3) Orient yourself to the data

Working with JSON in R can be a bit disorienting because you end up with lists within lists within lists so let's break it down a bit. In this dataset we have an outer list where each list item is an individual food market (you can see this from the sample data above. So foodMarkets[[1]] would give you all the data for the first food market in the list. If you type length(foodMarkets[[1]]) you'll see that the first food market comes with 23 pieces of information. For example, if you explore the sample above you'll see that the 14th element is the food market name:

foodMarkets[[1]][[14]] ## name of food market 1
## [1] "PLAZA 23 TRUCK STOP    "
foodMarkets[[2]][[14]] ## name of food market 2
## [1] "PRICE CHOPPER #245     "

4a) Assemble the data frame: an example of extracting a variable

I’m going to extract the data variable-by-variable and then assemble them into a data frame. Since we have a list, a logical place to start is the lapply function which will operate on the list piece-by-piece or, even better sapply which does the same thing but will return an array instead of a list.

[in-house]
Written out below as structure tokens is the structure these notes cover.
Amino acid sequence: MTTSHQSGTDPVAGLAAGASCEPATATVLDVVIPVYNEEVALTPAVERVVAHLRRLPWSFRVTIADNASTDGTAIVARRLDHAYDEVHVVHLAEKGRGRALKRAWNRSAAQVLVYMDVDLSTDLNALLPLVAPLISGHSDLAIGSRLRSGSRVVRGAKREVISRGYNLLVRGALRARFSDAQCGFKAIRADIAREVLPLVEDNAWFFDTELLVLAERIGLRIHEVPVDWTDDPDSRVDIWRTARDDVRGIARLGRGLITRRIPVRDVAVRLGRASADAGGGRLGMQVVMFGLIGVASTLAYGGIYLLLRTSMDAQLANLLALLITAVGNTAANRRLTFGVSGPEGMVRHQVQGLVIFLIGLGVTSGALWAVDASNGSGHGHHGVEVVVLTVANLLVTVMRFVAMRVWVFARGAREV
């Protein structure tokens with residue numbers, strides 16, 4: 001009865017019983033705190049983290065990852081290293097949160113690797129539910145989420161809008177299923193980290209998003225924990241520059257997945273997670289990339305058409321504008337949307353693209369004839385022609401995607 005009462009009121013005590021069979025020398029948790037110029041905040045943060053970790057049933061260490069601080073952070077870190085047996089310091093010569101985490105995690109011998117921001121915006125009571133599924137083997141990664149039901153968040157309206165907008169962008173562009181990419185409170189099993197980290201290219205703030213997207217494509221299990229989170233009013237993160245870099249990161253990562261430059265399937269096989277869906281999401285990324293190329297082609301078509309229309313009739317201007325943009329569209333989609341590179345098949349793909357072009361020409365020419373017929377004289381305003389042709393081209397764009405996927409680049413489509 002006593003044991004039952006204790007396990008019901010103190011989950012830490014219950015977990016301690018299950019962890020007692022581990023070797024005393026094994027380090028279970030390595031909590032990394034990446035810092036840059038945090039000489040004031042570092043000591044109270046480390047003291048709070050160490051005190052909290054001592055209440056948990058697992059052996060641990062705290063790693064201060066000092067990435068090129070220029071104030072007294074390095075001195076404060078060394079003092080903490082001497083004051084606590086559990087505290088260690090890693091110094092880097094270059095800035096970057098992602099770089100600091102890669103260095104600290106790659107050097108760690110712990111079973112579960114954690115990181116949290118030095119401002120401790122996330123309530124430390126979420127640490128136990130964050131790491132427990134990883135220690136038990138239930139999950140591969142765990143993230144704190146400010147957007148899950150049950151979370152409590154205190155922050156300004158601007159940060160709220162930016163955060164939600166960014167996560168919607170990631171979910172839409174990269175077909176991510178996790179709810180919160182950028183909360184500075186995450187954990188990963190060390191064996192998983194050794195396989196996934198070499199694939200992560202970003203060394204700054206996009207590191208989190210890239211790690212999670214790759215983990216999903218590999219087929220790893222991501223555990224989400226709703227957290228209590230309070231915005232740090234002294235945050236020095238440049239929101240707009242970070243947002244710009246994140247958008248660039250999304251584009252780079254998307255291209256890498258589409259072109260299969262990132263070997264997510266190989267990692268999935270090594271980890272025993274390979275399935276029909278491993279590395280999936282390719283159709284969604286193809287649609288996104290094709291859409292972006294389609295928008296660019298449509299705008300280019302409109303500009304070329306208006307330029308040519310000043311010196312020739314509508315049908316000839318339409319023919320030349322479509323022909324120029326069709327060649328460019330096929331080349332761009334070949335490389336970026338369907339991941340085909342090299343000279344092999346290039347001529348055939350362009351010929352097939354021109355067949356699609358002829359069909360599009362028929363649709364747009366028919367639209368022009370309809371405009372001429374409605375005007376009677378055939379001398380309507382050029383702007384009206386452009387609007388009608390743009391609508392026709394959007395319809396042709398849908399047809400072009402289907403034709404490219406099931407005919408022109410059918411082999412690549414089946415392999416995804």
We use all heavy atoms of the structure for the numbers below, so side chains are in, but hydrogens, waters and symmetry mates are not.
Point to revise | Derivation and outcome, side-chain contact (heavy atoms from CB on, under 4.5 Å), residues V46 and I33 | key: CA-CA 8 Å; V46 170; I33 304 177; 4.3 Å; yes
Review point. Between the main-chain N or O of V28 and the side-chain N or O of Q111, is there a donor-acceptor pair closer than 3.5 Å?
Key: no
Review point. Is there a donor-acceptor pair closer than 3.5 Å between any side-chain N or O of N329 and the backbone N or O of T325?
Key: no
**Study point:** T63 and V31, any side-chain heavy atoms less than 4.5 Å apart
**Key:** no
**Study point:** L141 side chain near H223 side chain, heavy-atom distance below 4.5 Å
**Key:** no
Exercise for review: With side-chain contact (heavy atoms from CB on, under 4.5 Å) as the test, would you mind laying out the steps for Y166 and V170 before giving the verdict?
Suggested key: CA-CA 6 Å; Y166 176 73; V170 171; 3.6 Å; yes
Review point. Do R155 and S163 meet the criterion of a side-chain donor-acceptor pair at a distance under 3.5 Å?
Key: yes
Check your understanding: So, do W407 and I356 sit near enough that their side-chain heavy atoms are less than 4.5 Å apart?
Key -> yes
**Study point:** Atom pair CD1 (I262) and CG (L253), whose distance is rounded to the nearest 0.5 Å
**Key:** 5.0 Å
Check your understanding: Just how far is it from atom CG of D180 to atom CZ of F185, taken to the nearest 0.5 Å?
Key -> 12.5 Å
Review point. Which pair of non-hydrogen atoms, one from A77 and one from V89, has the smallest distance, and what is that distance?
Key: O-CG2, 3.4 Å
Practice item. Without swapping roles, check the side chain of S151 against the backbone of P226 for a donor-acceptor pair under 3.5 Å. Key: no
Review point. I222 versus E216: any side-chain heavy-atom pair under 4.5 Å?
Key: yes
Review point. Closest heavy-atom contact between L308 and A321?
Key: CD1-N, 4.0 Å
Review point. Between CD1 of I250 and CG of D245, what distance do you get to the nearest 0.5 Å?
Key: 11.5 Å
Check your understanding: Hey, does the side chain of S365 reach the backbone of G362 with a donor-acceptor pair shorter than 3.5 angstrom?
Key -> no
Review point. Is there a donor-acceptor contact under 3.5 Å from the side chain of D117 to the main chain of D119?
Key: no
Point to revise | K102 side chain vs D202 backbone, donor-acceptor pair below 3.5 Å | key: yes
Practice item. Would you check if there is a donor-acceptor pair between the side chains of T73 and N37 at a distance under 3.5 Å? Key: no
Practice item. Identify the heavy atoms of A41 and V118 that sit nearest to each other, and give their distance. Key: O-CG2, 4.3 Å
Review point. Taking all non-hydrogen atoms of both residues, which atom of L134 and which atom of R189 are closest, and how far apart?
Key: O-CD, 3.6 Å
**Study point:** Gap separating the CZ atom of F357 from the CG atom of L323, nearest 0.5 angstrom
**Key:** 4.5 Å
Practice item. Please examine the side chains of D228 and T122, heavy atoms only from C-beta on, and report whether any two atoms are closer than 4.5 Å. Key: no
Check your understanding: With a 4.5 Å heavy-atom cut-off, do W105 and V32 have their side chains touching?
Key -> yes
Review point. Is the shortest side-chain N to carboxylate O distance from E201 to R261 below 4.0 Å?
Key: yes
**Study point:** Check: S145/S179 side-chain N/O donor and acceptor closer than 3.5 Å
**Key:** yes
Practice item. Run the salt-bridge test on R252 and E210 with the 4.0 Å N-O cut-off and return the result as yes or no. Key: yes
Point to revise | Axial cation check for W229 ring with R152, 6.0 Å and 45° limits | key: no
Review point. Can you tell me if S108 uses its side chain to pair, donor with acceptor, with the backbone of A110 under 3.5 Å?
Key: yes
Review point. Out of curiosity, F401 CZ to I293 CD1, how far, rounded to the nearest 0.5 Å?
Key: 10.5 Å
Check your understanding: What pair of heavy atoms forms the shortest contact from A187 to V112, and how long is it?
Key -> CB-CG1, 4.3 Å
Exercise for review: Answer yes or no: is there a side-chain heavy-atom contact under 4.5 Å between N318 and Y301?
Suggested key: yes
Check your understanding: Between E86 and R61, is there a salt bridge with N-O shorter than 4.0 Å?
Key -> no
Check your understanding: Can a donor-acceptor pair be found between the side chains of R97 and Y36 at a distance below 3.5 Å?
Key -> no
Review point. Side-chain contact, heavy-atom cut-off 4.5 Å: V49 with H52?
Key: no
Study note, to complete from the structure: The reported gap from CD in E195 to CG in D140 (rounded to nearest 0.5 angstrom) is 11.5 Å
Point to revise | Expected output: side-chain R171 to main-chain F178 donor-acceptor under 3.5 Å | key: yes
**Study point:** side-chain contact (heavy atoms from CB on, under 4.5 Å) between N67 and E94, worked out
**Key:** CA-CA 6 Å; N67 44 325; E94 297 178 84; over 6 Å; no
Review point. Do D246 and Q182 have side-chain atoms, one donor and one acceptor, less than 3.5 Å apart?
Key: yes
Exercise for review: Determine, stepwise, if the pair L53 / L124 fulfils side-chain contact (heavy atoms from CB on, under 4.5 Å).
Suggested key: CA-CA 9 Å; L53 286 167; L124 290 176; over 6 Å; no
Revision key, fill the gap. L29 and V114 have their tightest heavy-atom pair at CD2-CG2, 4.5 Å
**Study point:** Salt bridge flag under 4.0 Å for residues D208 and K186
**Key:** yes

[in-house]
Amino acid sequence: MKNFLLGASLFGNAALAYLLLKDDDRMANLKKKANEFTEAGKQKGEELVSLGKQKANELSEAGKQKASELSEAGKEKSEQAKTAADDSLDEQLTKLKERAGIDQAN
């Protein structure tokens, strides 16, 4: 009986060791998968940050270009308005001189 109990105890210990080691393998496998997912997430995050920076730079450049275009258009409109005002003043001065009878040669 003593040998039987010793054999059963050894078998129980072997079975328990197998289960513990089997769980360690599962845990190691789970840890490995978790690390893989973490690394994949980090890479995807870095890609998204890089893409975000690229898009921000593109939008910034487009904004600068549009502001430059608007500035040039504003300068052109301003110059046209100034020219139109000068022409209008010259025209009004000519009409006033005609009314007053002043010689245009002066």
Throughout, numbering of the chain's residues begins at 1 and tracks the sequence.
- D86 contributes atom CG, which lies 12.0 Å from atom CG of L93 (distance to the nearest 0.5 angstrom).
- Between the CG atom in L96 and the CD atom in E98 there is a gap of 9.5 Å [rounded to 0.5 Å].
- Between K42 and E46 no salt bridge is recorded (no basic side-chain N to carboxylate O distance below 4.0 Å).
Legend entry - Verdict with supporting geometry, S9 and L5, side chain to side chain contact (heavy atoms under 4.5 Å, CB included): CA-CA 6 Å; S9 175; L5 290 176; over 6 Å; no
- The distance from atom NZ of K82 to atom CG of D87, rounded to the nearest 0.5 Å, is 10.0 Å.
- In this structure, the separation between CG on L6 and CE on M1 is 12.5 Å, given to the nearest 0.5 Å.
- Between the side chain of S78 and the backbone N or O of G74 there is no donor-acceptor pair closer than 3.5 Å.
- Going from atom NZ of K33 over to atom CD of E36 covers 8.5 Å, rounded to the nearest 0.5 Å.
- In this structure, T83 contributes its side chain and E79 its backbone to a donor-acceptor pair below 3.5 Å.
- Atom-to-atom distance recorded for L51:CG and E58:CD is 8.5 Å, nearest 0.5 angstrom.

So, for example, if you want to extract the food market names from the list you can use this code which essentially cycles through each food market and extracts the name:

fmNames<-sapply(foodMarkets, function(x) x[[14]])
## [1] "PLAZA 23 TRUCK STOP    " "PRICE CHOPPER #245     "
## [3] "PEACOCK                " "FINYOUR FISHMONGER     "

We could copy and paste this line of code 23 times but this is cumbersome and prone to error — let’s do it programatically.

4b) Assemble the data frame: extracting all the variables (except the geography)

There are a ton of ways to extract all the variables without hard coding. I can pretty much guarantee that this is not the best approach (and please do write to me with alternatives!). Originally I tested using two, nested sapply statements but ran into trouble when certain data values were missing. So, instead, I wrote two functions. I have a function that returns the data if it exists and an NA otherwise (this is returnData) and then I have a function that does the sapply. (Note that I'm only applying this to the first 22 variables, not the geographic infomation – this is next).

library(gdata) # for the trim function
  print(paste("Variable", var, sep=" "))  
  sapply(foodMarkets, function(x) returnData(x, var)) 

returnData<-function(x, var){
  if(!is.null( x[[var]])){
    return( trim(x[[var]]))

# do the extraction and assembly
fmDataDF<-data.frame(sapply(1:22, grabInfo), stringsAsFactors=FALSE)